George MacDonald

(10 December 1824 – 18 September 1905 / Huntly, Aberdeenshire, Scotland)

December 27, 1879 - Poem by George MacDonald

Every time would have its song
If the heart were right,
Seeing Love all tender-strong
Fills the day and night.

Weary drop the hands of Prayer
Calling out for peace;
Love always and everywhere
Sings and does not cease.

Fear, the caitiff, through the night
Silent peers about;
Love comes singing with a light
And doth cast him out.

Hate and Guile and Wrath and Doubt
Never try to sing;
If they did, oh, what a rout
Anguished ears would sting!

Pride indeed will sometimes aim
At the finer speech,
But the best that he can frame
Is a peacock-screech.

Greed will also sometimes try:
Happiness he hunts!
But his dwelling is a sty,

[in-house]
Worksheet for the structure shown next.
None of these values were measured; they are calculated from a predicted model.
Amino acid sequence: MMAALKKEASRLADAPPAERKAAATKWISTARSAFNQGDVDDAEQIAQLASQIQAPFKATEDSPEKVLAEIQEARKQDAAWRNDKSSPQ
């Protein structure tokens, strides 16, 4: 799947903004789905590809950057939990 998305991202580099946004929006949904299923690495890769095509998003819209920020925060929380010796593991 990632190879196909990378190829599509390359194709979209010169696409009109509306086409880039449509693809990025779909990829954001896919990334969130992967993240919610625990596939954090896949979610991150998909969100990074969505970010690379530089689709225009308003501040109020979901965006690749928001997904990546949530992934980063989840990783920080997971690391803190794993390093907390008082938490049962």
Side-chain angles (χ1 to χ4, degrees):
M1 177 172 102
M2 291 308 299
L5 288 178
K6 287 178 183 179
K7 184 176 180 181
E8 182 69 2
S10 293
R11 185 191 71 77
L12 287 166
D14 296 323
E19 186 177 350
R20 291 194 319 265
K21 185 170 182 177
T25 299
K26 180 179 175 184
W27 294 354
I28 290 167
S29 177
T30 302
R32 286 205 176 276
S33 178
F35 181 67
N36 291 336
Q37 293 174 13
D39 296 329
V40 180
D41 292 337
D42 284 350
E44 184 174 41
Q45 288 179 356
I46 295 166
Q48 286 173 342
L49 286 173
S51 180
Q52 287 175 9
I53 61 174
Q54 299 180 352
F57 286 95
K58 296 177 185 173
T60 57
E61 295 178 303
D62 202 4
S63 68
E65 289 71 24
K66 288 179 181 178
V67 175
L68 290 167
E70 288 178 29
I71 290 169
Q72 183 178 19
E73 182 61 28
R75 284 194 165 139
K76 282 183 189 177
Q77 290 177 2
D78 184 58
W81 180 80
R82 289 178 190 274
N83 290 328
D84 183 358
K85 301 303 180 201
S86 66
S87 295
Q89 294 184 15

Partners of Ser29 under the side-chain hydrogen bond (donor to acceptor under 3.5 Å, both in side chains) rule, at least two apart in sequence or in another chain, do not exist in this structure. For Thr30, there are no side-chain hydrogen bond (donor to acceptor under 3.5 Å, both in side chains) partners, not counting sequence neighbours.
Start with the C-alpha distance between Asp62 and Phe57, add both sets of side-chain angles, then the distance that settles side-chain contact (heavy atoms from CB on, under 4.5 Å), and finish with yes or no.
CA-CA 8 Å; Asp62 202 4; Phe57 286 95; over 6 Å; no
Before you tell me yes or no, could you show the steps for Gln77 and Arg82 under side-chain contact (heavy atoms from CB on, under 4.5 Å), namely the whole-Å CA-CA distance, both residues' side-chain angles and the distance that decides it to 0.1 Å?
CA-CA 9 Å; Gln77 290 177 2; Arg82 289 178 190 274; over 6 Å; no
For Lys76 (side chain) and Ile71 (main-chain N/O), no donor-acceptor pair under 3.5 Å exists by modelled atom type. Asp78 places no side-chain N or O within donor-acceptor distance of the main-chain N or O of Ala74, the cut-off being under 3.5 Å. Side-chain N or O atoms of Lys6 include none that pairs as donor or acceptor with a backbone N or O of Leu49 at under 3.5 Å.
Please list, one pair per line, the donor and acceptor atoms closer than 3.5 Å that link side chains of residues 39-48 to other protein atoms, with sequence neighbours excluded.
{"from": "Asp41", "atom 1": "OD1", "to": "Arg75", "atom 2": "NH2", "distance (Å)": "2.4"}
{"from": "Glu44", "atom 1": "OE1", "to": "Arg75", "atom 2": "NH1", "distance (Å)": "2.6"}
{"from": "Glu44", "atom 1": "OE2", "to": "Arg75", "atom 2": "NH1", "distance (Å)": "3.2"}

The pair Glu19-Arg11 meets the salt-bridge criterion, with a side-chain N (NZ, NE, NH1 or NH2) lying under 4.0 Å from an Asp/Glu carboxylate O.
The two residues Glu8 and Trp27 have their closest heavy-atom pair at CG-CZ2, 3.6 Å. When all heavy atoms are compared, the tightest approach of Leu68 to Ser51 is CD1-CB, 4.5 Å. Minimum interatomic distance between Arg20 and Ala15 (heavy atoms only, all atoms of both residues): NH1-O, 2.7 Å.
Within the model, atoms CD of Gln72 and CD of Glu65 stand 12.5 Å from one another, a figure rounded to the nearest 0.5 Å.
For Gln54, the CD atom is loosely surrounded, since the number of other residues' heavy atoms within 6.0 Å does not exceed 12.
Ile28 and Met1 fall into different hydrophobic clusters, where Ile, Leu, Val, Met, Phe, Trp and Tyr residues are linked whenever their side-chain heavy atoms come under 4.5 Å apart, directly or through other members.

And his tones are grunts.

Faith will sometimes raise a song
Soaring up to heaven,
Then she will be silent long,
And will weep at even.

Hope has many a gladsome note
Now and then to pipe;
But, alas, he has the throat
Of a bird unripe.

Often Joy a stave will start
Which the welkin rends,
But it always breaks athwart,
And untimely ends.

Grief, who still for death doth long,
Always self-abhorred,
Has but one low, troubled song,

I am sorry, Lord
.

But Love singeth in the vault.
Singeth on the stair;
Even for Sorrow will not halt,
Singeth everywhere.

For the great Love everywhere
Over all doth glow;
Draws his birds up trough the air,
Tends his birds below.

And with songs ascending sheer
Love-born Love replies,
Singing
Father
in his ear
Where she bleeding lies.

Therefore, if my heart were right
I should sing out clear,
Sing aloud both day and night
Every month in the year!


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Poem Submitted: Thursday, April 8, 2010



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